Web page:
Kevin: So your thought experiment has something to do with command and control. So I want to go back to China at some point, but what we found, Dave, as long as the stock market’s going up, as long as the S&P500 and the DOW are showing positive earnings and positive growth, people seem to be happy. That seems to be changing.

David: Yeah. One of the big contributions to my comments at this particular economics conference had to do with Chinese credit and the frailties we see emerging within the Chinese market. So I do want to circle back around to that. But one of the things that has stood out, just extending back to our earlier comments on earnings and some of the very interesting dynamics within this quarterly earning cycle. Our friend Bill King noted last week that the S&P500 now has a negative total real yield for the first time since 1946. So what does that mean? Well, this includes your dividend and your earnings yield. So both of those factors tally to less than the rate of inflation. And his point, this is very rare. 150 years of data, you can count this on one hand. And the most recent period was 1946, so keep in mind where we were at in terms of World War II, just launching… Anyways, the easy translation is, no bueno. Dividends are low. Inflation is high. And the way that should translate for most investors, although it’s not translating this way, but the way it should is that investment prospects are pretty poor over the intermediate term.

Kevin: Well, okay. So I’m going to challenge you on something, though. Are we actually not seeing investors becoming a little bit timid because you were talking about corporate earnings, and we’re getting beats on all these corporate earnings. These are nice corporate earnings. And the investors are using this to sell not to buy.

David: Well, I think there’s two kinds of investors. I think there’s the man on the street who knows enough to follow a good meme, and you’ve got your more seasoned institutional investor who knows exactly what to do with the information that’s coming out and is taking an action. You’re talking about selling on good news. So the news is good from corporate America. There’s a consistent theme in this earnings period, which has been revenue beats. We covered this in Hard Asset Insights last week. I suggest you look at it each week. This is one of our weekly resources not unlike the Weekly Commentary which we do. This is a one- to two-page summary of our emphasis on hard assets, which everyone should know at this point is infrastructure, specialty real estate, global natural resources, precious metals mining companies, the kinds of things that we invest in for our asset management clients. So I do suggest you take a look at it each week. It’s very insightful.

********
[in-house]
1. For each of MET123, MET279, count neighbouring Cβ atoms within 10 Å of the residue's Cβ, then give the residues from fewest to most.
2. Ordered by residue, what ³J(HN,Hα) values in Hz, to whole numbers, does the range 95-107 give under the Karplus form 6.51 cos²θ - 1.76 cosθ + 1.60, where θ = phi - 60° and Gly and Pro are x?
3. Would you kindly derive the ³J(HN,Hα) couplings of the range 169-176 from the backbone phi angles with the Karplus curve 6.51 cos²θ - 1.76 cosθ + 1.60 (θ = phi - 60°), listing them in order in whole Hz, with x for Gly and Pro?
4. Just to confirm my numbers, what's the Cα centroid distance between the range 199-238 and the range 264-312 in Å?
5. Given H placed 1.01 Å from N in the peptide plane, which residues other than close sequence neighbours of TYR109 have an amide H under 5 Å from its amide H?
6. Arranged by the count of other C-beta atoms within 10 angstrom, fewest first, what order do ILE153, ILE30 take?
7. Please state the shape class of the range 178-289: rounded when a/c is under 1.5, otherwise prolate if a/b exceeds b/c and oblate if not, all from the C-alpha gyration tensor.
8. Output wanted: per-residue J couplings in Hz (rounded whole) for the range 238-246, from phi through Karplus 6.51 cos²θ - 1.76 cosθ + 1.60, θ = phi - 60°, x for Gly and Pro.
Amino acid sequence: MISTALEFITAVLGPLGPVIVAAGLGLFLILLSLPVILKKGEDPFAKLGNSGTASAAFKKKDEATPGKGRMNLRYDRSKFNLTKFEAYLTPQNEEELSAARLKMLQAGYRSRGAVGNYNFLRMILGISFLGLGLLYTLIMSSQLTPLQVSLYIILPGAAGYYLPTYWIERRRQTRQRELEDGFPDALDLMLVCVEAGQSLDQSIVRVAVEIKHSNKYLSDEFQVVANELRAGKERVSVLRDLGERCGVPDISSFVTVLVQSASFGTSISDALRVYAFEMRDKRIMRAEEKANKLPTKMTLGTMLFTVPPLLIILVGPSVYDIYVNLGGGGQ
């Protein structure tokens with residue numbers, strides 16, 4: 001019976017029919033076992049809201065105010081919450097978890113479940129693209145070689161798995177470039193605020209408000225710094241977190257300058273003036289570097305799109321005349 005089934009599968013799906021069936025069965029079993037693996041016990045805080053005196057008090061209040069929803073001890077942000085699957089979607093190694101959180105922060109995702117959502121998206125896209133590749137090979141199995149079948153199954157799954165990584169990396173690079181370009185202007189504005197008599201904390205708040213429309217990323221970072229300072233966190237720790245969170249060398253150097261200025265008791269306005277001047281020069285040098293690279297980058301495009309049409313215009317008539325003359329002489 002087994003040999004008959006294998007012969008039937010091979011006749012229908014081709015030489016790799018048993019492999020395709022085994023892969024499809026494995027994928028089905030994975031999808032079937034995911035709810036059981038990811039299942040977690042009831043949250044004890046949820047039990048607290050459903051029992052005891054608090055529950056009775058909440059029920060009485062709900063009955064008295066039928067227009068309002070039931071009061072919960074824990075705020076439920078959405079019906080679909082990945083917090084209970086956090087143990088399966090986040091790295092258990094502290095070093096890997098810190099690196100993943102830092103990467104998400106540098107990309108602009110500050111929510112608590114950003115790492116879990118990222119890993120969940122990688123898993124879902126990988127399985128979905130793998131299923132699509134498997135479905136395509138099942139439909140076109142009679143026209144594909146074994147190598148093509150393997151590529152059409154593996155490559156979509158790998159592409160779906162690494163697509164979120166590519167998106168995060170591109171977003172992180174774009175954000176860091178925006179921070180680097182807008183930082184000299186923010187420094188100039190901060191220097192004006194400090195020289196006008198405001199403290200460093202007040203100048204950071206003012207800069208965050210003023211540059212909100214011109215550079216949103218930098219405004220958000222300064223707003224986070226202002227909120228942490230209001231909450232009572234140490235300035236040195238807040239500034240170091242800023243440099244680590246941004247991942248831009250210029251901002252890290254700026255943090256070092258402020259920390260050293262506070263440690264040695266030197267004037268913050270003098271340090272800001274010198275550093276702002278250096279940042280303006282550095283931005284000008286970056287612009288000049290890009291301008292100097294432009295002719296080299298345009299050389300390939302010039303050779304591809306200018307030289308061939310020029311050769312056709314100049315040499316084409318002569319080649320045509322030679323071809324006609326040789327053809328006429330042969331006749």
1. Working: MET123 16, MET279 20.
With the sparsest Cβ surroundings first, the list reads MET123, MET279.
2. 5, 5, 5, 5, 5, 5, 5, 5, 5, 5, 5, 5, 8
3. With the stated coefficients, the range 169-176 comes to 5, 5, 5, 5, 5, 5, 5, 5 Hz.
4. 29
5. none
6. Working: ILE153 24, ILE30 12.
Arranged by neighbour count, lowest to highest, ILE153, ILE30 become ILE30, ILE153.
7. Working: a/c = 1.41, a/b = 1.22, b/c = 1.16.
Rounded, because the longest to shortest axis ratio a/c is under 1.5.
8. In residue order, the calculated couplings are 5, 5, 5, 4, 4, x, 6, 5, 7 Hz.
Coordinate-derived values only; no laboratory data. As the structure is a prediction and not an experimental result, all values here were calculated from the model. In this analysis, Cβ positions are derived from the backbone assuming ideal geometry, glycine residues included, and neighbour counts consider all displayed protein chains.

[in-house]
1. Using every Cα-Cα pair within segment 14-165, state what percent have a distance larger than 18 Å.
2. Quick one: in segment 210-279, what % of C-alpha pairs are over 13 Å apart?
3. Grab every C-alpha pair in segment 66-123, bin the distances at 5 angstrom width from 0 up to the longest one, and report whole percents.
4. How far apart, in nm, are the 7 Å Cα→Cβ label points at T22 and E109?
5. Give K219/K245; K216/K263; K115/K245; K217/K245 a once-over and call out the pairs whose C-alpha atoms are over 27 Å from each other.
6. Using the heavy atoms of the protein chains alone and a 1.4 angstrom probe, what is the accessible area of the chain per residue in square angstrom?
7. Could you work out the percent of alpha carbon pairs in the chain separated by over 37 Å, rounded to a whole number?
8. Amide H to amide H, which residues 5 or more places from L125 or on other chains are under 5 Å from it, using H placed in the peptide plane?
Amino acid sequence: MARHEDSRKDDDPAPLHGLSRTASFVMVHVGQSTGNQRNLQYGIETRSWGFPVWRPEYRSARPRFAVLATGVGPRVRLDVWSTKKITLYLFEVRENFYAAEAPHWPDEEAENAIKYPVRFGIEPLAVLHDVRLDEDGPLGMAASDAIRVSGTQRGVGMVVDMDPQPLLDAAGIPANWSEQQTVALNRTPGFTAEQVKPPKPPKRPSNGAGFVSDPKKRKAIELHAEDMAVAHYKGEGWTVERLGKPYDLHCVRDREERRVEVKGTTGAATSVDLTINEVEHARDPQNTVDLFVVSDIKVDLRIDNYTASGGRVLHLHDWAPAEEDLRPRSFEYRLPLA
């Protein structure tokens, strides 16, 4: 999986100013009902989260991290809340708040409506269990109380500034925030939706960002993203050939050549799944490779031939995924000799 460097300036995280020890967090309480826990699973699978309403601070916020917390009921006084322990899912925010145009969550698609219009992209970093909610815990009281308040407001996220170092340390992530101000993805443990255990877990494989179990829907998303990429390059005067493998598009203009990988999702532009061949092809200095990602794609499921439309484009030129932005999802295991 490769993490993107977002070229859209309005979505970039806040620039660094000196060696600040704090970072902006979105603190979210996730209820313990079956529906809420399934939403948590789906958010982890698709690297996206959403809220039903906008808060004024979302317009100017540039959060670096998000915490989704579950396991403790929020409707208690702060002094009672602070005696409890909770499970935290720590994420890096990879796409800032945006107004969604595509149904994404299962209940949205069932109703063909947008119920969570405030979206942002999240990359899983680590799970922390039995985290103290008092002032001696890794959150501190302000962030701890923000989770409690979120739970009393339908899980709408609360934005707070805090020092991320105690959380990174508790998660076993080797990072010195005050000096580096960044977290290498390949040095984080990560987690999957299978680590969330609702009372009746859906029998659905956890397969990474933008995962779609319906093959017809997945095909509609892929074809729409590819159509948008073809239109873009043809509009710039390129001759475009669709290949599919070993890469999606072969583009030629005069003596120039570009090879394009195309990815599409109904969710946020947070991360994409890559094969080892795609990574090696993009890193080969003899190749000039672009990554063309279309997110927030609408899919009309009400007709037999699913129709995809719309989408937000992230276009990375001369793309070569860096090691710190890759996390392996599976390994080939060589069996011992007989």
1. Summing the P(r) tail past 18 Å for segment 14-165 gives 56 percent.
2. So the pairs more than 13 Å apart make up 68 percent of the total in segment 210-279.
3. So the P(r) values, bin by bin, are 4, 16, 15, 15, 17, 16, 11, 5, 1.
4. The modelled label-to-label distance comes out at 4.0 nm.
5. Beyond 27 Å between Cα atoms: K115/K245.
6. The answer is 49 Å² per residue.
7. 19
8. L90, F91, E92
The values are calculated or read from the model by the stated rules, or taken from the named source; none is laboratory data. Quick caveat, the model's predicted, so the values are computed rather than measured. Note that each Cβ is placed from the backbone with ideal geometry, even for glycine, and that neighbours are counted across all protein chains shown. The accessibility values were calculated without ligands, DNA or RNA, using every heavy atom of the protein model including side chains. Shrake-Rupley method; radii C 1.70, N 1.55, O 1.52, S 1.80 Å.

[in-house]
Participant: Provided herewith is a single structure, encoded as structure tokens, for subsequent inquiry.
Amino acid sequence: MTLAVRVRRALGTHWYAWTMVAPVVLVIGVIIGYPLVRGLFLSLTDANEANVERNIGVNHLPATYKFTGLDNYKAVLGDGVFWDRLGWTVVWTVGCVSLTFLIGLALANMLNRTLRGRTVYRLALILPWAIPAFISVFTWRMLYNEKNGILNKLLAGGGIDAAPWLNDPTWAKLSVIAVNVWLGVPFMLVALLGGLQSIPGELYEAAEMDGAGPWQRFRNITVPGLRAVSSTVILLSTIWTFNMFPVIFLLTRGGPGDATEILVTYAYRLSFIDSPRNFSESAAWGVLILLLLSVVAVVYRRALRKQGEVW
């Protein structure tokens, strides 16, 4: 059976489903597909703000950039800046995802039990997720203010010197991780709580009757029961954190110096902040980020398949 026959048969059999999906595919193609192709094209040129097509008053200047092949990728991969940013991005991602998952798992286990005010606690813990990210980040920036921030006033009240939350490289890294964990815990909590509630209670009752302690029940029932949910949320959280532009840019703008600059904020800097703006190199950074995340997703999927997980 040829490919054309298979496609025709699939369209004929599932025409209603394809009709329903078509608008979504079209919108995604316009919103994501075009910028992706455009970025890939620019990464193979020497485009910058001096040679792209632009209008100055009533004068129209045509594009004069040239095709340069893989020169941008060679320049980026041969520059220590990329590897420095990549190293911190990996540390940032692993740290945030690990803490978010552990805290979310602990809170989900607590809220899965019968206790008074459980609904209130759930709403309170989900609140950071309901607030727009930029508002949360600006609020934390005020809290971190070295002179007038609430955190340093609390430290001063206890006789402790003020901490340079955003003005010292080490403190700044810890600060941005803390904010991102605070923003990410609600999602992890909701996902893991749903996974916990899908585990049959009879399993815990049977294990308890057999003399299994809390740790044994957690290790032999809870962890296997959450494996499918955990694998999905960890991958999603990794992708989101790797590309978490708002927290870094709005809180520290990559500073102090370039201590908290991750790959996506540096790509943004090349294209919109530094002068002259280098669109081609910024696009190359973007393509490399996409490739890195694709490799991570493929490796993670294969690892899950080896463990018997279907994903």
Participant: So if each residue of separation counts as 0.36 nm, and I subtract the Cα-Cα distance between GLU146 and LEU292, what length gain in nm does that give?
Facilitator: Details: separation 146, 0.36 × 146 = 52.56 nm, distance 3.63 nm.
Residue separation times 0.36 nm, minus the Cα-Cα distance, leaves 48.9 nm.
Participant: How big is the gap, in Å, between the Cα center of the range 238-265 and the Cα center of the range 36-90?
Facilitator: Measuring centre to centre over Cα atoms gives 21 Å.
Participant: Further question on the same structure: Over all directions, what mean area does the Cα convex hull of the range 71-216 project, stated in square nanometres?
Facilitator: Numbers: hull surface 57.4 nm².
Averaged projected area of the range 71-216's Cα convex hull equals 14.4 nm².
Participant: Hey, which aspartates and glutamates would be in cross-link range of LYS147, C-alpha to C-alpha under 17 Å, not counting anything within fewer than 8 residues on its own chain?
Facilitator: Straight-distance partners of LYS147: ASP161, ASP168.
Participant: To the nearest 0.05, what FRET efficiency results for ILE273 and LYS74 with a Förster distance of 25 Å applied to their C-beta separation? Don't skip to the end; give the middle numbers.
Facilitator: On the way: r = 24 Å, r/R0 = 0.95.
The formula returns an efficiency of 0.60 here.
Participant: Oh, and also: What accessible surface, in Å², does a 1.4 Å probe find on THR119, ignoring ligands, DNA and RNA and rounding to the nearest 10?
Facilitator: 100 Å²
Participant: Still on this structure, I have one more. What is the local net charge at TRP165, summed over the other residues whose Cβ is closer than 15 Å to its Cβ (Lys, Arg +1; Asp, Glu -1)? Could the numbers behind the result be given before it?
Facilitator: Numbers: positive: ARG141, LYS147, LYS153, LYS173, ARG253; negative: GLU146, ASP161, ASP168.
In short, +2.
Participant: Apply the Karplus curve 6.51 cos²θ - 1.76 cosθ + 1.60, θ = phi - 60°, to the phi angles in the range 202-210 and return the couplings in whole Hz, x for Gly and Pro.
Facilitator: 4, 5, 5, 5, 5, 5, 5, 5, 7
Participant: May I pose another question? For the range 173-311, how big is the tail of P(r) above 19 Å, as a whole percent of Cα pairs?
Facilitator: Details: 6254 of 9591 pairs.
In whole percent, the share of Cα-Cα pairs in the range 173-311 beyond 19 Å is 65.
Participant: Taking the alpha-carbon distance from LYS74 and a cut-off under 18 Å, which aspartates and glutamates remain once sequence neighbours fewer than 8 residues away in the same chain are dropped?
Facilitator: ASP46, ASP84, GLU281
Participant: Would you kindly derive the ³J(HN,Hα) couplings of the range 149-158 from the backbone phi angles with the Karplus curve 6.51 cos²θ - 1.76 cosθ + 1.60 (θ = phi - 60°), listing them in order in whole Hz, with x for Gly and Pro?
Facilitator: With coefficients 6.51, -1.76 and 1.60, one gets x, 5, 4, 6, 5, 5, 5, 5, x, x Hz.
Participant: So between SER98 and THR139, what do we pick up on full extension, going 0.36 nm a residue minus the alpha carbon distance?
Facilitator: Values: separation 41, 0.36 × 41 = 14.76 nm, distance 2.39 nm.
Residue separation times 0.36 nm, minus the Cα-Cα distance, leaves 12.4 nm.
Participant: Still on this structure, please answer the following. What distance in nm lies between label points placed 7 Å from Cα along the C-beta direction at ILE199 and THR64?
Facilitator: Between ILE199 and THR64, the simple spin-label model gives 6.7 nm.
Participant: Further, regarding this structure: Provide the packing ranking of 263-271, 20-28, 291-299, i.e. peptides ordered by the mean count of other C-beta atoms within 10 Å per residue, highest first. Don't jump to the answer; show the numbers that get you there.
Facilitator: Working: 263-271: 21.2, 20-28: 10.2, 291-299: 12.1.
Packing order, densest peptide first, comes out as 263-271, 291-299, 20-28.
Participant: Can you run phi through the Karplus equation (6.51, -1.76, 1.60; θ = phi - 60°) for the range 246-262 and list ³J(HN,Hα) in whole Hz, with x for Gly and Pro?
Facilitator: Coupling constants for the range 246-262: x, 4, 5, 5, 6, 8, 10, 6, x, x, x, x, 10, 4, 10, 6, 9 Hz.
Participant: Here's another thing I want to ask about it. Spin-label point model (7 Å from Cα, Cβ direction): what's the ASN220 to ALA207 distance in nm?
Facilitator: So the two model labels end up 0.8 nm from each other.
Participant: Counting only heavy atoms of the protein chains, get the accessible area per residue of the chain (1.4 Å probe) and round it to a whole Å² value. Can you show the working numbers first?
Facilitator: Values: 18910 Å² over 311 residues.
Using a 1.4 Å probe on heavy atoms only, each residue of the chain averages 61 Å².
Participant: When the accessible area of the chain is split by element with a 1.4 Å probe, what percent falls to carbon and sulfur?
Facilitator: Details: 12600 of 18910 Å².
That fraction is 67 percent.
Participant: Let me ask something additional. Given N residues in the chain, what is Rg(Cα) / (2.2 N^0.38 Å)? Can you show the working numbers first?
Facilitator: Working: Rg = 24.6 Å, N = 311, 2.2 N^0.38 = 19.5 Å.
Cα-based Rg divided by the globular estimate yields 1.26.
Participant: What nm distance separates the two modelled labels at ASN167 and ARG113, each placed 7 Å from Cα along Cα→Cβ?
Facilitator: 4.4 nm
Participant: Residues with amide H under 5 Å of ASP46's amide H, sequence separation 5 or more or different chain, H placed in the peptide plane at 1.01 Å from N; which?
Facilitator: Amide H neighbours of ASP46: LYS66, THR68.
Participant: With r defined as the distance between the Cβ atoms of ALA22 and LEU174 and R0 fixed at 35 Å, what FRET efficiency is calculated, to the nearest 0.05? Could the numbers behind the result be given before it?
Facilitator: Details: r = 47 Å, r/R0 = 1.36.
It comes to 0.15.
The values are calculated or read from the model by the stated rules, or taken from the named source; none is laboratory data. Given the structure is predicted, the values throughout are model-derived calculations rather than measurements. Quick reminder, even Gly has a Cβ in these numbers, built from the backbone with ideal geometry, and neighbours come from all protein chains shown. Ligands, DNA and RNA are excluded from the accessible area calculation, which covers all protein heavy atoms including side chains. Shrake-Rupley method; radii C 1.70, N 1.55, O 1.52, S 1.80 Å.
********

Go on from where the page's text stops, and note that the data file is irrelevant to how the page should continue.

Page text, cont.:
Kevin: Saturday morning cup of coffee. We’ve had listeners say, yeah, they pour themself a cup of coffee on Saturday morning and they sit down and that’s what they do.

David: Yeah. So your double whammy for Saturday morning, Hard Asset Insights and Credit Bubble Bulletin, particularly stiff cup of coffee if you extend it to CBB, but worthy of note, again, is the investor response to positive upside surprises. And the response has been sell the news. I mentioned 3M earlier and the selloff there, which was inflation related, but if you look at a whole list of other companies from Microsoft to Apple, this is where it becomes very interesting. Microsoft earnings were $2.17 per share versus $1.92 expected. So that was positive. Revenues were 46 billion versus 44 and change expected. Again, great numbers. Sold off on the news. Apple’s the same. 81 billion in revenues, 73, almost 74 billion expected. Earnings per share, again, a beat on the EPS number, $1.30 per share versus $1.01.